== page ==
Update: ''Grey's'' outdrew ''CSI'' in the overnight ratings...
We wait months for new episodes of our favorite shows, so it's not easy to approach their return without feeling a little overamped. Will it be as good as we remember it? Will we love it the way we did before? Tonight: A mixed reaction.
''The Office,'' for starters, was sheer genius. The payoff to Jim and Pam was well done, with both actors wonderful in their longing looks. (And we even were forced to feel sympathetic toward Pam's now-ex-fiance.) Michael's struggle to appear sensitive about Oscar was hilarious while making us entirely aware of how uncomfortable events were for all the characters. It was a terrific half-hour.
''Grey's Anatomy,'' not such an unambiguous success. Some good things: Sara Ramirez, both at the door and in the kitchen scene. Izzie's meltdown. Kate Walsh in just about everything. James Pickens Jr. and Loretta Devine, working so well together. And, of course, Chandra Wilson as Bailey, who can take even some overwrought business and sell it. (Ditto on that score for guest star Steve Harris.)
Not so good: The labored use of the flashbacks (although I did grin when I saw whom Alex left the party with). McDreamy's speech to Meredith. Meredith generally. Chris O'Donnell, whose fatal flaw -- as a character and as an actor -- is that he's kind of a bore. The baby storyline, which the bride -- who has done a lot of volunteer work in hospitals -- noted was implausibly drawn out. Especially when we saw which character was the mother; hard to accept that someone that young and small went through the extended interrogation period without noticeable pain or bleeding. Basically, though, I think this episode faltered because it was the first of the season, and it felt dual weight of starting well and setting things in motion for later in the year; it just couldn't manage to do it all.
I've got ''CSI'' in the DVR and will get to it at some point, but I did manage to catch most of ''Survivor'' including the pivotal stuff at the end. I was infuriated, though not by the racial design, which hasn't added up to much so far.
Rather, I have never liked the idea of throwing a challenge, and it felt really stupid tonight. It's too early to be jettisoning people, for one thing, even if you feel that the one to be dumped -- Billy tonight -- is useless. And, as a viewer, I resented the distasteful sham involved. When another tribe has a chance to celebrate a victory, the members should be able to feel it was a legitimate win -- and that their joy is honestly achieved. The contempt a challenge-throwing tribe has for the other groups is disgusting; the smug comments that followed it tonight made it even more so. And that's not a matter of race. That's about general human decency.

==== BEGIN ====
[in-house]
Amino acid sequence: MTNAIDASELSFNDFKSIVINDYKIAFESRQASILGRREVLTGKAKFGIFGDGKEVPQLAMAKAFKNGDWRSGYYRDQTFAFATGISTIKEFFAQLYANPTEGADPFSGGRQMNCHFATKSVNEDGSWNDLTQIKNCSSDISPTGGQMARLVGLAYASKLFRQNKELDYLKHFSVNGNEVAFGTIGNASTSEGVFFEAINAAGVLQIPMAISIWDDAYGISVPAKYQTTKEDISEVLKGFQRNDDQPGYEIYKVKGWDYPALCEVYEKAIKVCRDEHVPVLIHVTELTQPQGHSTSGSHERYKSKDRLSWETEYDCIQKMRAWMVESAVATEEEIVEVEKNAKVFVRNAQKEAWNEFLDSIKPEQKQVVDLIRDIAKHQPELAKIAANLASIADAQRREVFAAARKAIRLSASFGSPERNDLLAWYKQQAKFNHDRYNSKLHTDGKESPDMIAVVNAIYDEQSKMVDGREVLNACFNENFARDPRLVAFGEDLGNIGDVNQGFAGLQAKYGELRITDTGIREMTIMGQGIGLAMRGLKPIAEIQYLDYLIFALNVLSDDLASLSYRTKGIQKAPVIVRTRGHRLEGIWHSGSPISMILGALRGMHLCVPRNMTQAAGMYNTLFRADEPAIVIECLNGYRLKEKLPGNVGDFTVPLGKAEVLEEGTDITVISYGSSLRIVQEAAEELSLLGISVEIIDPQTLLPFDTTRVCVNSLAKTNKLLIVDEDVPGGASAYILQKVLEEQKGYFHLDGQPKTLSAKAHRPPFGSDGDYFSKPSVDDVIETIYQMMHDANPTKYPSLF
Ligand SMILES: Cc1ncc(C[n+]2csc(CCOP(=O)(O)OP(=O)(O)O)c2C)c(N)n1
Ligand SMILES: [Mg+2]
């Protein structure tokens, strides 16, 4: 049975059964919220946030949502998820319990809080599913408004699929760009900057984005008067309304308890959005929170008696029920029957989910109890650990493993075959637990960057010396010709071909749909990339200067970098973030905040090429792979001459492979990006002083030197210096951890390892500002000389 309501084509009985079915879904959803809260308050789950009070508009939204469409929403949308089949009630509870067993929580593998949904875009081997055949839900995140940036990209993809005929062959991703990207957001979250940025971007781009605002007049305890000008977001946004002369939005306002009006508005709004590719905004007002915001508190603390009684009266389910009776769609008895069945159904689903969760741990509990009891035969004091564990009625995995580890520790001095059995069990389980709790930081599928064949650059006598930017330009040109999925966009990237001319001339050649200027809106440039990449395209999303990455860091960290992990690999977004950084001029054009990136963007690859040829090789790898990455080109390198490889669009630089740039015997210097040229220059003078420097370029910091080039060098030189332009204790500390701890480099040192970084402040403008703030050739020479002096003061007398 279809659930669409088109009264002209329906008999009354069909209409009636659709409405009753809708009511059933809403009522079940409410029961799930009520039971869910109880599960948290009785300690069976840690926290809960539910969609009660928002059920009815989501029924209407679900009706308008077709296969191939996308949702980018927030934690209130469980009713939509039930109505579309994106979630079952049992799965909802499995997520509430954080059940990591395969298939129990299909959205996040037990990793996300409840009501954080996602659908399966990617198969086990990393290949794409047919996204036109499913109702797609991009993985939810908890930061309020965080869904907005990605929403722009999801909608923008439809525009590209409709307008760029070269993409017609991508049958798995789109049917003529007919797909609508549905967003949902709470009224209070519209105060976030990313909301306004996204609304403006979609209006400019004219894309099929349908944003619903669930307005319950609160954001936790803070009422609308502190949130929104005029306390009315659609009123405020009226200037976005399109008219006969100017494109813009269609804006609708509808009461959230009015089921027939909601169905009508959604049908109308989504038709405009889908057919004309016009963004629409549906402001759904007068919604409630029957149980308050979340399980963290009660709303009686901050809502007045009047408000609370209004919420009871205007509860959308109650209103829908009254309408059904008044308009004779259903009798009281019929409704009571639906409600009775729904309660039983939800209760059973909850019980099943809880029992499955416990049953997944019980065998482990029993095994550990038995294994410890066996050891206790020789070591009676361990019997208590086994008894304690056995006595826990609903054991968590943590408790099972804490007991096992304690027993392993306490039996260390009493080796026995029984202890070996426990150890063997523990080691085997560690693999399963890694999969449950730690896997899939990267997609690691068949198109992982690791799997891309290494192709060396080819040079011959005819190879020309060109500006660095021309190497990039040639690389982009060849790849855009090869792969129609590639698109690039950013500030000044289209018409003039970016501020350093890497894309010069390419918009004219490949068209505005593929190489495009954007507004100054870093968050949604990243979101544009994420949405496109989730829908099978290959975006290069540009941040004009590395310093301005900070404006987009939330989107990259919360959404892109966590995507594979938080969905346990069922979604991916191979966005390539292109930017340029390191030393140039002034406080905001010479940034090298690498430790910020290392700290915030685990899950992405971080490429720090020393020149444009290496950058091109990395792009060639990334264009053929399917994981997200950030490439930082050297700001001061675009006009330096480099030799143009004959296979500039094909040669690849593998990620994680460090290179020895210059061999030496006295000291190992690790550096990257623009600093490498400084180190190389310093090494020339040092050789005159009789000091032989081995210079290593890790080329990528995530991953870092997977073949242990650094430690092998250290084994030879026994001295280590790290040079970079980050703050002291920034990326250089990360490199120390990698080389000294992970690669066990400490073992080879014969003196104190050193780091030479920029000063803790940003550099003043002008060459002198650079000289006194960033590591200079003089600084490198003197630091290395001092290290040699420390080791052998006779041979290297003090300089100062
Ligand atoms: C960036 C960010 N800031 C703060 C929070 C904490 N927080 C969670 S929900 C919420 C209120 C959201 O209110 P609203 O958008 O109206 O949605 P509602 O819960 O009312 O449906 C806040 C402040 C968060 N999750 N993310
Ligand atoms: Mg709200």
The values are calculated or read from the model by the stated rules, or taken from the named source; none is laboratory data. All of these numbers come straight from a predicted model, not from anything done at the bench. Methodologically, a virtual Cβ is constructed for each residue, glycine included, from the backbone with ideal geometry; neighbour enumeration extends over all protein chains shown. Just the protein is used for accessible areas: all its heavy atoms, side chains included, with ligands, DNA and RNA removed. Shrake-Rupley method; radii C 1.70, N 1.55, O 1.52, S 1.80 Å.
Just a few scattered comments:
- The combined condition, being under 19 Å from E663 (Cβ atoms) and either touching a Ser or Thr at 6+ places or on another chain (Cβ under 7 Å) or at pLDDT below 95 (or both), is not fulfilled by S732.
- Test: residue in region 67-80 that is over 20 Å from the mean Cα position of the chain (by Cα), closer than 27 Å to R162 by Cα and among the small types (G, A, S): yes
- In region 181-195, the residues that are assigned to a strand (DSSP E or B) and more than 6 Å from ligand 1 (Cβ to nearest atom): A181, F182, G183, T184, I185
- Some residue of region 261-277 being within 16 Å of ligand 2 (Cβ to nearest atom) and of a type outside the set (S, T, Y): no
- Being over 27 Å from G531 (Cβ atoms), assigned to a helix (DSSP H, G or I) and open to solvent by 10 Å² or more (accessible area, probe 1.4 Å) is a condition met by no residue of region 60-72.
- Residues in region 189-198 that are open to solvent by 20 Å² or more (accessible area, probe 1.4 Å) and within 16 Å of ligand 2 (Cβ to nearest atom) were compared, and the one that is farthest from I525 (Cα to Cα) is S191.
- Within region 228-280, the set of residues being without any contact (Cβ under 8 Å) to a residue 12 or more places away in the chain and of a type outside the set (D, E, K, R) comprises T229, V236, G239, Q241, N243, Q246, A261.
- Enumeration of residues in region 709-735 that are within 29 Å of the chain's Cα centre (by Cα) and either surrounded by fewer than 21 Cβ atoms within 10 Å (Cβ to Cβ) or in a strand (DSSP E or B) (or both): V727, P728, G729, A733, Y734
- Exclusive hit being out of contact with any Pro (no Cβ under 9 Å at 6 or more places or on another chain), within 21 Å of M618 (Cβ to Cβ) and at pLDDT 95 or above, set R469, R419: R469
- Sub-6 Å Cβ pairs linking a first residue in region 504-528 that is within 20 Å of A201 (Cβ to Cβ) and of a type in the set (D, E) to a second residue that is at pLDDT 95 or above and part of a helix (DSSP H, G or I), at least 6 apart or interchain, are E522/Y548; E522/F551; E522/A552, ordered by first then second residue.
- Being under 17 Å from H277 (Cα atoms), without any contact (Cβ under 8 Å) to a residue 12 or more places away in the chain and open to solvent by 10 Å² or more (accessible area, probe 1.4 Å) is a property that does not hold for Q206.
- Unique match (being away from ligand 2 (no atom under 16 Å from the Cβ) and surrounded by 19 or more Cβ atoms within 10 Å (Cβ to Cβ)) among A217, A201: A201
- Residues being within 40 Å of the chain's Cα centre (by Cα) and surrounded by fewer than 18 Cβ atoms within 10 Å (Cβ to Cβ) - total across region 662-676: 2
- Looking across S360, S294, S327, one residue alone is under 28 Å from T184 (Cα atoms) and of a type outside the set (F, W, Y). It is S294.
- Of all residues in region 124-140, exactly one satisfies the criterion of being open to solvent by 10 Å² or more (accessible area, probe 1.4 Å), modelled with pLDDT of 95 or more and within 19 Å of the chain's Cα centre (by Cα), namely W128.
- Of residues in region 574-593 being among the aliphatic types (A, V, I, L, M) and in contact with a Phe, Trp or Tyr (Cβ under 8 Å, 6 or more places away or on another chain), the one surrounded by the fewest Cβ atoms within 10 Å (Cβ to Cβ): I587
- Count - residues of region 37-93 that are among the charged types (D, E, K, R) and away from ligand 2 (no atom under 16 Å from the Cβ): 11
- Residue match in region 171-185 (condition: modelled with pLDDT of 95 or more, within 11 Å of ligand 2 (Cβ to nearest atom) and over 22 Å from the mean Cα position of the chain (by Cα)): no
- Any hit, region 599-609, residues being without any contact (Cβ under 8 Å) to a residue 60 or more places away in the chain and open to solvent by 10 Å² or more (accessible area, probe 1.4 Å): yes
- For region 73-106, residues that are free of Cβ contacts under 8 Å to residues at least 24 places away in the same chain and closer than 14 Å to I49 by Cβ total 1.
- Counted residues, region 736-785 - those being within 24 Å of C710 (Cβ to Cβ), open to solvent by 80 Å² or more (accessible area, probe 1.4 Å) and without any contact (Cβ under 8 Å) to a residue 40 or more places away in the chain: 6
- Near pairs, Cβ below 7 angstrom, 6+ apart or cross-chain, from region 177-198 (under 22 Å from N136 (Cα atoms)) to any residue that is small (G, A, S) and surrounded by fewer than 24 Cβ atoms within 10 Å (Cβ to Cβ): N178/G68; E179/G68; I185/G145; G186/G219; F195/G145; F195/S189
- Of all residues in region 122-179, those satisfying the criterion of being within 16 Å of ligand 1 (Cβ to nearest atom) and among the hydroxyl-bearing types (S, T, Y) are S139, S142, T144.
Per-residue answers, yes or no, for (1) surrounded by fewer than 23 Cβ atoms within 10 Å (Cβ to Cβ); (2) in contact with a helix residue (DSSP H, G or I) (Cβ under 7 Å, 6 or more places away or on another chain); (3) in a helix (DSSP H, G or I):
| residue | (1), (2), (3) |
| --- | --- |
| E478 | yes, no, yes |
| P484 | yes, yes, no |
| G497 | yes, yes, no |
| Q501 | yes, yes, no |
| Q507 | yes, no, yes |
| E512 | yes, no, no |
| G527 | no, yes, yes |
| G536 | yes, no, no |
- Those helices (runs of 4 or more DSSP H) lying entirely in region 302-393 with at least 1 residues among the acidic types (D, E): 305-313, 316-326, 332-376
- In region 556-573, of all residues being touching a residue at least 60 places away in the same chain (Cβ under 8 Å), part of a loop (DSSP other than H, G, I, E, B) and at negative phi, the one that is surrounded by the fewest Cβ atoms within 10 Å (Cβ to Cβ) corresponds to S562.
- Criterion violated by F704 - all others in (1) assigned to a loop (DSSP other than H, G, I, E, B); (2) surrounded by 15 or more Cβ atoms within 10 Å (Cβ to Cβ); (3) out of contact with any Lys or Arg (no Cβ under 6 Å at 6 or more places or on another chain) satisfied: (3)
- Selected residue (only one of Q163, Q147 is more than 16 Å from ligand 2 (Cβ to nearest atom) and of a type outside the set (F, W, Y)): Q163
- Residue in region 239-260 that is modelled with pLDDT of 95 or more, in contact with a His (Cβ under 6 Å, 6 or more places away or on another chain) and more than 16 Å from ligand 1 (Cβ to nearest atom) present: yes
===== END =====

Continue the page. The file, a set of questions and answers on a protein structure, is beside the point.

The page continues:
I caught up to ''CSI'' this morning and right off the bat it reminded me of something that had struck me during ''Grey's Anatomy'': the perils of improved TV technology. I watch shows on my HD set for the most part, and last night's ''Grey's'' was absolutely brutal about Ellen Pompeo's skin. ''CSI'' reminded me of that because it was visually dazzling (the sound's pretty great, too) in that Cirque du Soleil opening and beyond. The attention to lighting, the sharpness of the picture -- I kept having to pull myself back into the story because I would be admiring the visuals.
Beyond that, it was clear at a ''CSI'' press conference this summer that the show was ready to rumble with ''Grey's,'' and it sure did tonight. The Cirque stuff. John Mayer. The Danny Bonaduce stunt. Setting up two more storylines for continuation. How good Marg Helgenberger was in that last series of scenes. Brass's tattoo.
And, for everyone still amazed at the end of last season, the show is gleefully playing with the audience regarding Sara and Grissom. Nothing explicit said by either but they're sure hitting the notes, not only in the meal business but in that ''bye'' scene. It's not exactly sexual tension -- since we know they've crossed that bridge -- but it sure is tension, and great fun to watch.